WEEK: Could you describe the regulatory environment and its key developments?

The supporting legislative framework has largely been established over the past 10 years or so, all improving disclosure and helping improve professionalism and market transparency.

In Japan, there are broadly three forms of real estate securitisation. The syndicated real estate investment scheme itself has a number of variations, but the most commonly used are the tokumei kumiai and the ninni kumiai.

The scheme was initially introduced in 1987, but grew in stature after the April 1995 Syndicated Real Estate Investment Law was implemented to enhance investor protection. The investors participate in the real estate investment through a partnership agreement, and receive dividends based on their relevant share in the investment.

Japanese real estate investment funds were technically launched in Japan with the revision of the Law on Securities Investment Trusts and Companies in November 2000, to allow for real estate and related products to be included in investment trusts. The main manifestations have been private funds and listed J-Reits, of which there are now 43 on the bourses of Japan.

Asset securitisation, or CMBS, involves the transfer of assets to a bankruptcy-remote special purpose vehicle, which issues debt to investors. CMBS transactions are typically driven by the originator (original owner of the property or real estate-backed loan), rather than the fund managers that drive investment funds.

CMBS refers both to deals backed by non-recourse loans and to those backed directly by the physical real estate or beneficial interests in it. The CMBS are issued in the form of debt, namely bonds, loans and trust certificates.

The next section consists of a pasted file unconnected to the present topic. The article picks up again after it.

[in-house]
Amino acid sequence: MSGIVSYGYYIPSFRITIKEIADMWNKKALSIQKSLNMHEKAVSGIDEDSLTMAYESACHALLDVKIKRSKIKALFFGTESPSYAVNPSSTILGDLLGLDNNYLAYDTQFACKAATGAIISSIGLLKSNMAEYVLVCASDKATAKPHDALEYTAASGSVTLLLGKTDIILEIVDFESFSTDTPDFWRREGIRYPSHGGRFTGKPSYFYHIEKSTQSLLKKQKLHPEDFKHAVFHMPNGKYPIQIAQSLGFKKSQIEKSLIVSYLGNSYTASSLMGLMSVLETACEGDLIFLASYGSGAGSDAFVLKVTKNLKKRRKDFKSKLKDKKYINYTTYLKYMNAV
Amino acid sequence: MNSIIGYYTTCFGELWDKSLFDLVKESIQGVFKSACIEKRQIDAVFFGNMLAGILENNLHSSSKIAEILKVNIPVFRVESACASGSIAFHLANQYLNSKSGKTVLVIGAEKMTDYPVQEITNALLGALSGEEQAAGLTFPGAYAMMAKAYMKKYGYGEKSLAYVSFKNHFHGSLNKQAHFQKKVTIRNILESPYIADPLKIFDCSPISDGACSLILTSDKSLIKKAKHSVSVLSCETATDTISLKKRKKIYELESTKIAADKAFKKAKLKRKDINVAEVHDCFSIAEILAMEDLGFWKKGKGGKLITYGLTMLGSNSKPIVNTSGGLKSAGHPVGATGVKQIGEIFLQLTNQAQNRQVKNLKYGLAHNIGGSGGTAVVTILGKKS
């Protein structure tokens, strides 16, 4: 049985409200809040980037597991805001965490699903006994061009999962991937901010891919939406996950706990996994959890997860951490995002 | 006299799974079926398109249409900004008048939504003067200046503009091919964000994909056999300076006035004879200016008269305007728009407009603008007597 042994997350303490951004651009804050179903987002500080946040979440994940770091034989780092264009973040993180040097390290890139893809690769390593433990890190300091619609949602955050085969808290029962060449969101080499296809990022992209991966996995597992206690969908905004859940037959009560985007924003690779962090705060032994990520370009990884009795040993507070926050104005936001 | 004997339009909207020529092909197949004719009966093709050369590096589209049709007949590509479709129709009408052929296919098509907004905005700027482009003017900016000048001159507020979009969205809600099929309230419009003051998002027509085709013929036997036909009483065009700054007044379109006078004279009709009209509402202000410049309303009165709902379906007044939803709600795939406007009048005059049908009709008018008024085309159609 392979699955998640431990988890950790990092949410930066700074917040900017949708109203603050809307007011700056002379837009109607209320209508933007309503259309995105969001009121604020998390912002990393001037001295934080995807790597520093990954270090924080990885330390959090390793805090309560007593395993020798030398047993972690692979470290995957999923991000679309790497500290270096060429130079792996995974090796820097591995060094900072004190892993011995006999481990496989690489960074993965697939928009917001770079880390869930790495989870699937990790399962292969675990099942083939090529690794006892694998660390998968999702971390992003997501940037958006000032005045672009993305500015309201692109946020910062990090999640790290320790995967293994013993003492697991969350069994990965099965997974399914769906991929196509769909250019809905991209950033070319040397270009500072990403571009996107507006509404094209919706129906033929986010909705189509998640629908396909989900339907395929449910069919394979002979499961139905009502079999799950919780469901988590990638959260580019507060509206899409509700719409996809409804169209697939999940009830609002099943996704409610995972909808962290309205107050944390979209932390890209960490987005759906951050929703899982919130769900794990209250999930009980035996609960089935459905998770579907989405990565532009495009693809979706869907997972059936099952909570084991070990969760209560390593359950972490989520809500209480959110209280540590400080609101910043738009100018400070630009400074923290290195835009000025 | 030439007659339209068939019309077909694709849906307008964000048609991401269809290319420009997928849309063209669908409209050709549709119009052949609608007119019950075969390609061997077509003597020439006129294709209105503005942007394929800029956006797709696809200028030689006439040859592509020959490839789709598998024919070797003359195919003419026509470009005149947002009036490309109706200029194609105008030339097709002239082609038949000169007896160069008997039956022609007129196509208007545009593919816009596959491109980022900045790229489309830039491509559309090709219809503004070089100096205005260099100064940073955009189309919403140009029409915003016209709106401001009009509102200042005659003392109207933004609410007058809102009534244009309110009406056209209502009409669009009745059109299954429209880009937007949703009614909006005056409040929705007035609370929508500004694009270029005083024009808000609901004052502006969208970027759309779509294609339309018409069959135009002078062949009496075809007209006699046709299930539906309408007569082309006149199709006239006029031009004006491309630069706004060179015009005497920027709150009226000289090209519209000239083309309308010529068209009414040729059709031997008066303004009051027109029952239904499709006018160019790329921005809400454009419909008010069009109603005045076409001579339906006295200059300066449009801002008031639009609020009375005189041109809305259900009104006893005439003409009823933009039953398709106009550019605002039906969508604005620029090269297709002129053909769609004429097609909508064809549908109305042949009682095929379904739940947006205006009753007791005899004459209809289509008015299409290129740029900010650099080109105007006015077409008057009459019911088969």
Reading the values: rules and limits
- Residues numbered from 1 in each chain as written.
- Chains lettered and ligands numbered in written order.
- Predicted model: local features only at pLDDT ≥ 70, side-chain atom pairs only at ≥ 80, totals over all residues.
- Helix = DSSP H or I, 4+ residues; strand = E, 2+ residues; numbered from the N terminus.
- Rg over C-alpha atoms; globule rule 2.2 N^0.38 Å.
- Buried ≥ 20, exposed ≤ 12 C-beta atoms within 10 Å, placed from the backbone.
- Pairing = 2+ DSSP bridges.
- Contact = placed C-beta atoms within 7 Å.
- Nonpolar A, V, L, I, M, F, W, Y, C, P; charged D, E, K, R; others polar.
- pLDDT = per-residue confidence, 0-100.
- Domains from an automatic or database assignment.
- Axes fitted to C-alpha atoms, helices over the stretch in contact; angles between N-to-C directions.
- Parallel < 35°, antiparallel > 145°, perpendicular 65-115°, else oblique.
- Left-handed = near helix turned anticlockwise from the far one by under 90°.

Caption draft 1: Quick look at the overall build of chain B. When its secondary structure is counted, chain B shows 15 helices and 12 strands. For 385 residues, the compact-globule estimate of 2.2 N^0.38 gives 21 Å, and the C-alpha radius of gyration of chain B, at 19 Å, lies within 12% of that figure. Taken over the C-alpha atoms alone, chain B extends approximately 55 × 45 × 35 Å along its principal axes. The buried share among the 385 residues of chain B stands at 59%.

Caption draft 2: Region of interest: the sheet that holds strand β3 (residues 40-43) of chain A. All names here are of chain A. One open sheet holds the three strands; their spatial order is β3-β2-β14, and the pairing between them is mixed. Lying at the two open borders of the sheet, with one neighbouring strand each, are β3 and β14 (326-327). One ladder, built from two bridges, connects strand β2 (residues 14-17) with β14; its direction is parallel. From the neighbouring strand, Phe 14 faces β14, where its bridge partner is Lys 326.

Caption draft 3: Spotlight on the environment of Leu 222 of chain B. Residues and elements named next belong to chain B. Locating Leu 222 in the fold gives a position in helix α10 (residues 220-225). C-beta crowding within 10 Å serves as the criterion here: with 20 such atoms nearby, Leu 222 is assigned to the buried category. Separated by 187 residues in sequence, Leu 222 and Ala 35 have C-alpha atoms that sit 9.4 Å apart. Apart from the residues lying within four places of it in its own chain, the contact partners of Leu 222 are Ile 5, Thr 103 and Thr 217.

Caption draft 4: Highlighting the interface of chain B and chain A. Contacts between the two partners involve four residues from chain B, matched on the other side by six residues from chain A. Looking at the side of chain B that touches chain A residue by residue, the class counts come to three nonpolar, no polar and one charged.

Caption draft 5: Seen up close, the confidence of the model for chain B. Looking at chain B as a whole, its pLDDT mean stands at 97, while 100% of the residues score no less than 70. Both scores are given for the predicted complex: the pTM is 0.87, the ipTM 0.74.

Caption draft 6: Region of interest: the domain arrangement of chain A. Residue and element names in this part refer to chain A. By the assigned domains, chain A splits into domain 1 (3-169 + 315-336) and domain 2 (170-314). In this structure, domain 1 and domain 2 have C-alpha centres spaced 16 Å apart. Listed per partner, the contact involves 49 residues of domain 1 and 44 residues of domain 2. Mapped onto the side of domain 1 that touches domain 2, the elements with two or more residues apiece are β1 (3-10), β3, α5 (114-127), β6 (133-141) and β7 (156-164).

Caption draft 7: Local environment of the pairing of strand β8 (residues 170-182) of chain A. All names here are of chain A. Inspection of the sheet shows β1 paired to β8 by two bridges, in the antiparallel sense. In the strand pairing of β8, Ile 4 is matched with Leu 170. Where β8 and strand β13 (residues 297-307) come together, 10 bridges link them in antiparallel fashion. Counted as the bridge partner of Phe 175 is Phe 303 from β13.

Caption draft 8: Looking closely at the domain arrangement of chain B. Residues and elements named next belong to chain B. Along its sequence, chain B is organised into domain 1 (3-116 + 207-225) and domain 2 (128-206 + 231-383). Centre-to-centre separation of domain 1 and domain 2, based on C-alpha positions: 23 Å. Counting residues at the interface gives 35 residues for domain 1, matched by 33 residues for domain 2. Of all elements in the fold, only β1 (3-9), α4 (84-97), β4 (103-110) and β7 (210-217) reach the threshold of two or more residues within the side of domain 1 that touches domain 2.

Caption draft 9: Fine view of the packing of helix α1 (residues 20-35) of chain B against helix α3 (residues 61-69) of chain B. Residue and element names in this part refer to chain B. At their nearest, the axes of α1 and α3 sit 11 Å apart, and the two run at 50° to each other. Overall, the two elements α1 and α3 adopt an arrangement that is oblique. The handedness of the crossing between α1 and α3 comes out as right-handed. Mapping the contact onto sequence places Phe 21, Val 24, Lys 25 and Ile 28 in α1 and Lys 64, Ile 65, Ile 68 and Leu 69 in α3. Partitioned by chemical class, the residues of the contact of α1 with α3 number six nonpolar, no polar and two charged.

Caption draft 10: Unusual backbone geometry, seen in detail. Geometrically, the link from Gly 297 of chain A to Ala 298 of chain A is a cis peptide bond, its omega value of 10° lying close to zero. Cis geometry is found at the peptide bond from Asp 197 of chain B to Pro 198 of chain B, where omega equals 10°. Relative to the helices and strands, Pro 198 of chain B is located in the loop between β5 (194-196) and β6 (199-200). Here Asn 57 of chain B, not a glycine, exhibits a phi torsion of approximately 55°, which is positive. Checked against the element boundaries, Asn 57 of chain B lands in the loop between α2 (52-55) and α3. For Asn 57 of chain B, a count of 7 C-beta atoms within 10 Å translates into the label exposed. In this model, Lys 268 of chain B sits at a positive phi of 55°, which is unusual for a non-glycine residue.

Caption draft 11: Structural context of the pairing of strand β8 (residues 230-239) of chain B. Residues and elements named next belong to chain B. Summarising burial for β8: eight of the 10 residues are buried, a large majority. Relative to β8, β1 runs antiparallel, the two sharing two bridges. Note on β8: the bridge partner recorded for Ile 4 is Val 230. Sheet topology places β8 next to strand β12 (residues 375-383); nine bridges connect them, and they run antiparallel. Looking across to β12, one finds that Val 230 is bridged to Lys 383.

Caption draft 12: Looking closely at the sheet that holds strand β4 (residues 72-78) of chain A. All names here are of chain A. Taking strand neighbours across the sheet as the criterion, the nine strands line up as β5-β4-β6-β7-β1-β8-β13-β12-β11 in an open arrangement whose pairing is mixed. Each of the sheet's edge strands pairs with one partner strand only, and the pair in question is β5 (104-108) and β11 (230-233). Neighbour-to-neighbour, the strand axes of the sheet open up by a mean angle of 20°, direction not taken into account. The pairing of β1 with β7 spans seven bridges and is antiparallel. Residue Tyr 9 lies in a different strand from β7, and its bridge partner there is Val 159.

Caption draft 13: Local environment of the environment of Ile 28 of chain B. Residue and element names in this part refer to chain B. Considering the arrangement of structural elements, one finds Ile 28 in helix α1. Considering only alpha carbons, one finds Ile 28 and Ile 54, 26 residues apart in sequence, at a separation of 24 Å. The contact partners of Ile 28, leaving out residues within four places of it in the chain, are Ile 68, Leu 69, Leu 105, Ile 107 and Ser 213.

The use of the trust in Japanese securitisation schemes is common, given its tax-transparency and bankruptcy-remoteness. The trustee holds assets in trust for the benefit of the securitisation programme and ultimately the investors. The assets are segregated from the trustee’s assets and other assets in trust by regulation. Issuance of trust certificates via private placement has dominated Japanese CMBS in recent years.

Entities that are exposed to the equity portion of the CMBS, or at the non-recourse loan level, are called "sponsors". Sponsors as equity investors in the loan or CMBS have a strong interest in maximising their returns; hence their interest could be in conflict with debt CMBS investors.

Another factor was the change in accounting standards and the introduction of market value accounting for real estate holdings. In 2005, impaired asset accounting for fixed assets, originally announced in 2002, became fully effective.

Securitisation of non-recourse loans is no different in legal structure from that of other monetary receivables. The non-recourse loans (or bonds) are transferred to the issuer special purpose vehicle [SPV], which in turn would issue notes to or take in loans from investors.